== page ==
Richard Fisher, a China military affairs specialist, said the latest test also was carried out over Korla, China’s traditional center for anti-missile research dating to the 1960s.

"So far the missile used for the Jan. 27 test has not been identified," Fisher, with the International Assessment and Strategy Center, said. "It could be a second test of the SC-19 ASAT missile modified for warhead interception for the January 2010 test, or it could be a new missile."

Fisher said China is known to be developing several anti-missile systems. "One system sometimes referred to as the HQ-26 appears to be intended to have a capability similar to the Raytheon-built SM-3 [interceptor], the main system used by the U.S. Navy for missile defense," he said.

"China's new missile is expected to arm a new large PLA Navy combat ship that has not yet been launched and is also expected to have a land-deployed version as well."

According to reports from China, an engineer from the China Aerospace Science and Industry Corporation (CASIC), the state-run company most likely behind development of a HQ-26-like missile, has received a national prize for the development of a dual-pulse rocket engine, a technology also used on the SM-3, Fisher said.

"China's development of more capable theater missile defense systems addresses what for China is a practically non-existent threat," Fisher said. "Other than North Korea and to a slight degree India, no country has the ability to target China with medium or intermediate range missiles."

Fisher said unlike the Chinese, the United States has retired its subsonic nuclear cruise missiles and has no plans for medium-range ballistic missiles or longer-range non-strategic missiles.

"These Chinese missiles allow the PLA to target Asian-based land and naval aircraft at longer distances," he said. "In all, it poses another major chop at the U.S. ability to ‘extend’ deterrence to its Asian allies, adds another layer to China's ‘anti-access’ capabilities."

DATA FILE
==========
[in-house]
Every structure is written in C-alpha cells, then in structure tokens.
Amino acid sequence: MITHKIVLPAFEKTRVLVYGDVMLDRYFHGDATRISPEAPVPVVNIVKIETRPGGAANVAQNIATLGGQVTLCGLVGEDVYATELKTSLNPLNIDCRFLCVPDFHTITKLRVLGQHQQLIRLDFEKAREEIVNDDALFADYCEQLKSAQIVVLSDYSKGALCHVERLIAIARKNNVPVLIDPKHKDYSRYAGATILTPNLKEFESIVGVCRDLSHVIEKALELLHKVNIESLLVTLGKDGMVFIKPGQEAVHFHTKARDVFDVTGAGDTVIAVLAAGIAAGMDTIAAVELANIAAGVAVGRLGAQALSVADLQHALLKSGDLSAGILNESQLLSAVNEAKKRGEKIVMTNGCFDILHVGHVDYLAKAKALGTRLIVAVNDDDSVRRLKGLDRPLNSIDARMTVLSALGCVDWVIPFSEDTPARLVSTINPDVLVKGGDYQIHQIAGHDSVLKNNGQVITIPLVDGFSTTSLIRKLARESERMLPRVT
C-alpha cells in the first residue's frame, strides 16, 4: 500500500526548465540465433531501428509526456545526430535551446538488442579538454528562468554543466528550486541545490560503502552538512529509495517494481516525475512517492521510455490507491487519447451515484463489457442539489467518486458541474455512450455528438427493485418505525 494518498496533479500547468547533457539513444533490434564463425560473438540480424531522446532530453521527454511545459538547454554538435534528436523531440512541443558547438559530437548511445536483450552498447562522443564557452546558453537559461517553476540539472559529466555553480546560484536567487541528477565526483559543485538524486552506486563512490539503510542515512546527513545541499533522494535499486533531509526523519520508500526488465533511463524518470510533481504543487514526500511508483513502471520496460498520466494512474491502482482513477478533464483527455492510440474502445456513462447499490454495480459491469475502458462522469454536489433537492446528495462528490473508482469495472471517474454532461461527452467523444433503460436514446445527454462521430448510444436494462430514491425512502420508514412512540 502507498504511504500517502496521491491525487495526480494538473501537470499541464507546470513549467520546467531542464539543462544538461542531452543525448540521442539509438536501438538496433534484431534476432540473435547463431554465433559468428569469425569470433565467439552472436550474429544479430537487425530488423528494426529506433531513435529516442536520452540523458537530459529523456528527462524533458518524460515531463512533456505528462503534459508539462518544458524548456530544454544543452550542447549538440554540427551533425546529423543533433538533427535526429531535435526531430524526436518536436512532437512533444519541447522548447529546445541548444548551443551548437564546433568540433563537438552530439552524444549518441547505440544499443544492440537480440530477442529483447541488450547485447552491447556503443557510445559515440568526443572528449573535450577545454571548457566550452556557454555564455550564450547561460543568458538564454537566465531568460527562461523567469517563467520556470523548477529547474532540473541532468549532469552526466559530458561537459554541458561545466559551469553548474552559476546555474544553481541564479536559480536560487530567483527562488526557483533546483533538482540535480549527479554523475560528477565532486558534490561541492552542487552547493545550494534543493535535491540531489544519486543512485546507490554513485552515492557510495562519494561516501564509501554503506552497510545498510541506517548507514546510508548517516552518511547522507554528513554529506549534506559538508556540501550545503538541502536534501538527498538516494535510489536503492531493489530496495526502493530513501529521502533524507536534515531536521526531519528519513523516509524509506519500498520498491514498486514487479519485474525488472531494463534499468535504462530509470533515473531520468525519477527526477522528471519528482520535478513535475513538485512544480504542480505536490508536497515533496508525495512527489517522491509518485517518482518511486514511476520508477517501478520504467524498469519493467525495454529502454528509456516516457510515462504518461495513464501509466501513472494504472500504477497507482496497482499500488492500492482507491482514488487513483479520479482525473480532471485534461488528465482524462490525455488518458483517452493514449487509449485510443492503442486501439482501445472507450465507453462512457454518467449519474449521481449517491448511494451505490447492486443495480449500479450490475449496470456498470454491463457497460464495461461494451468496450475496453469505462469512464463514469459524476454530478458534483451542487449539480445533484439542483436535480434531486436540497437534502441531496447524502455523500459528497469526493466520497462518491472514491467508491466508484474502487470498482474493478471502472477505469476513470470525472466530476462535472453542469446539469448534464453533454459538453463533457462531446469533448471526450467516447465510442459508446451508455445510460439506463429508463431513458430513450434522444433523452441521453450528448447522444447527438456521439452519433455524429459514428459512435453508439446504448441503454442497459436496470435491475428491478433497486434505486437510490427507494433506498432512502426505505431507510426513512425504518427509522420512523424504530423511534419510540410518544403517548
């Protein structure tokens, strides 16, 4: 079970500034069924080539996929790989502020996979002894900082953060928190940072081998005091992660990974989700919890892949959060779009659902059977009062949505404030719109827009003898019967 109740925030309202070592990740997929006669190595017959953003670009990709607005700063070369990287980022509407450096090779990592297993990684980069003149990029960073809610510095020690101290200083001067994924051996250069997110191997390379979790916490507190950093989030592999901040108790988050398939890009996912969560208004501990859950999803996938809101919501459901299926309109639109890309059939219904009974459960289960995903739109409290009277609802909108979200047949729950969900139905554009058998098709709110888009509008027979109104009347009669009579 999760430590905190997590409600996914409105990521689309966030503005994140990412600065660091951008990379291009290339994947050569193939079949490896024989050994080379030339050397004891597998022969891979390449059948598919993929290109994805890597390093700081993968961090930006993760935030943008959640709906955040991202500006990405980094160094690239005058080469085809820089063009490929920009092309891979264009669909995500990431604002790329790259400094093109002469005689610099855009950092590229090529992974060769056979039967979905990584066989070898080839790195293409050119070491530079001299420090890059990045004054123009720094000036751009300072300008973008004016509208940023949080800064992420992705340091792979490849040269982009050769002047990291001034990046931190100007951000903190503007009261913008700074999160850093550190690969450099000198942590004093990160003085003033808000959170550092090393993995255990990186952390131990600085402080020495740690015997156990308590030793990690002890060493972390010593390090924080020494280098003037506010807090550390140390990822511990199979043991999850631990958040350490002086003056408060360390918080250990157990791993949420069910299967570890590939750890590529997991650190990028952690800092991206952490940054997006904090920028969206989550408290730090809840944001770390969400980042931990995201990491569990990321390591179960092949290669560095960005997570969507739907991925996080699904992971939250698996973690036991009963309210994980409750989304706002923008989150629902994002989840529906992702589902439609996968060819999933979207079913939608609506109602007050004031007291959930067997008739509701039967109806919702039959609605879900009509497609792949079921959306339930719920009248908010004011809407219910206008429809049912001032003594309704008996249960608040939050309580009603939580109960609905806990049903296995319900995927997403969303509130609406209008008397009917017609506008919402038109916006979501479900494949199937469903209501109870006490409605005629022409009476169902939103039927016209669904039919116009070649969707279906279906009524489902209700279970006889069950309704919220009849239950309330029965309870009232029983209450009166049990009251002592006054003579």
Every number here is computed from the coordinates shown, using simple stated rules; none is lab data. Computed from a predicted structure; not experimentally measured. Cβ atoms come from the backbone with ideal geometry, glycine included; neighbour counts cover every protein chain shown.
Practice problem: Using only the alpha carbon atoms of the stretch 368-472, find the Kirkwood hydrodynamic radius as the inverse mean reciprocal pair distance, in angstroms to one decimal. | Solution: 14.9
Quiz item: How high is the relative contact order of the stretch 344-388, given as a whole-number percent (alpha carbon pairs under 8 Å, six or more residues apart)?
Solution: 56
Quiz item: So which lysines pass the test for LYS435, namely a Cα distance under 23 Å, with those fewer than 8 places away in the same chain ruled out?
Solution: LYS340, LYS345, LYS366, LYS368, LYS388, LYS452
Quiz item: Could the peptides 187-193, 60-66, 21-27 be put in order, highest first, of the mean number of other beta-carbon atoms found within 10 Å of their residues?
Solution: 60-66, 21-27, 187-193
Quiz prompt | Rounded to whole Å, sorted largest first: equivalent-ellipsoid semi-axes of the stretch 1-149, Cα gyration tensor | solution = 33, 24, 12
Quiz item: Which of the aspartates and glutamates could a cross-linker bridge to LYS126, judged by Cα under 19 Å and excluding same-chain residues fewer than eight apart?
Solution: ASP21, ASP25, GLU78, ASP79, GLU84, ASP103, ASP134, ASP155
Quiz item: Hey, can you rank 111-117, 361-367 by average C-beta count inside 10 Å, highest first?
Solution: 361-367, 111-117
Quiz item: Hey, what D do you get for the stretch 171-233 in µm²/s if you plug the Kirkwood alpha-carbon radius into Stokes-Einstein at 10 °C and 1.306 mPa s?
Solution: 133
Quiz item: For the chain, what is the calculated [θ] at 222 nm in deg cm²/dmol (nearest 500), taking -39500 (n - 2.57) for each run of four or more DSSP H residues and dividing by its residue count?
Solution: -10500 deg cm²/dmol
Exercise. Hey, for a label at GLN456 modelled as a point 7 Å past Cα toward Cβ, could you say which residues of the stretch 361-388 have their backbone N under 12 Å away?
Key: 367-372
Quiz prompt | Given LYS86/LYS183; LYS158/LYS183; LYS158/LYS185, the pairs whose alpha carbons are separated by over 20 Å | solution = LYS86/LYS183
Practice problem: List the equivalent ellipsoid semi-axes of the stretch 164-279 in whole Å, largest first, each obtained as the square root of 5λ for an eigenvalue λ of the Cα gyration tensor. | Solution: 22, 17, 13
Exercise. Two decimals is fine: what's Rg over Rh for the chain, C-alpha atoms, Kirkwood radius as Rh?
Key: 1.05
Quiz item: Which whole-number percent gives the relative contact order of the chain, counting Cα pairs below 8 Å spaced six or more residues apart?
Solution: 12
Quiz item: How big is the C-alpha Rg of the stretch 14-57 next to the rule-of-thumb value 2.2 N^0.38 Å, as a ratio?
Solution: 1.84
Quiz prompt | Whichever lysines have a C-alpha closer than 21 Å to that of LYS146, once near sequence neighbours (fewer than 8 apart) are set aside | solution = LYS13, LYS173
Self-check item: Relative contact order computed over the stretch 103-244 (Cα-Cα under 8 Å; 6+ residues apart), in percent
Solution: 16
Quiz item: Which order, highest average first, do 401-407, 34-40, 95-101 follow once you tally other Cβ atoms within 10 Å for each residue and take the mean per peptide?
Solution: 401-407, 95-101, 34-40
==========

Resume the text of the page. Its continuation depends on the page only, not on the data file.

The missile test comes as the Pentagon on Sunday announced the successful test of a Ground-Based Interceptor, the new limited anti-missile system currently deployed against North Korean ICBMs.

Missile Defense Agency spokesman Rick Lehner said in a statement that the GBI test was "successful" after launch on Saturday from Vandenberg Air Force Base, Calif., one of two western U.S. missile defense bases.

"Data from this flight test will be used to evaluate the Exoatmospheric Kill Vehicle system performance in a flight environment," Lehner said. "If a target missile were present, the Exoatmospheric Kill Vehicle would collide directly with the threat warhead to perform a hit-to-kill intercept. Engineering data from this test will be used to improve confidence for future intercept missions.

The test did not plan to use a target missile.

"After performing fly out maneuvers, the three-stage booster deployed the Exoatmospheric Kill Vehicle to a designated point in space," Lehner said. "After separating from the booster, the Exoatmospheric Kill Vehicle executed a variety of pre-planned maneuvers to collect performance data in space."

Preliminary results show all components performed as designed, he said.

Published under: China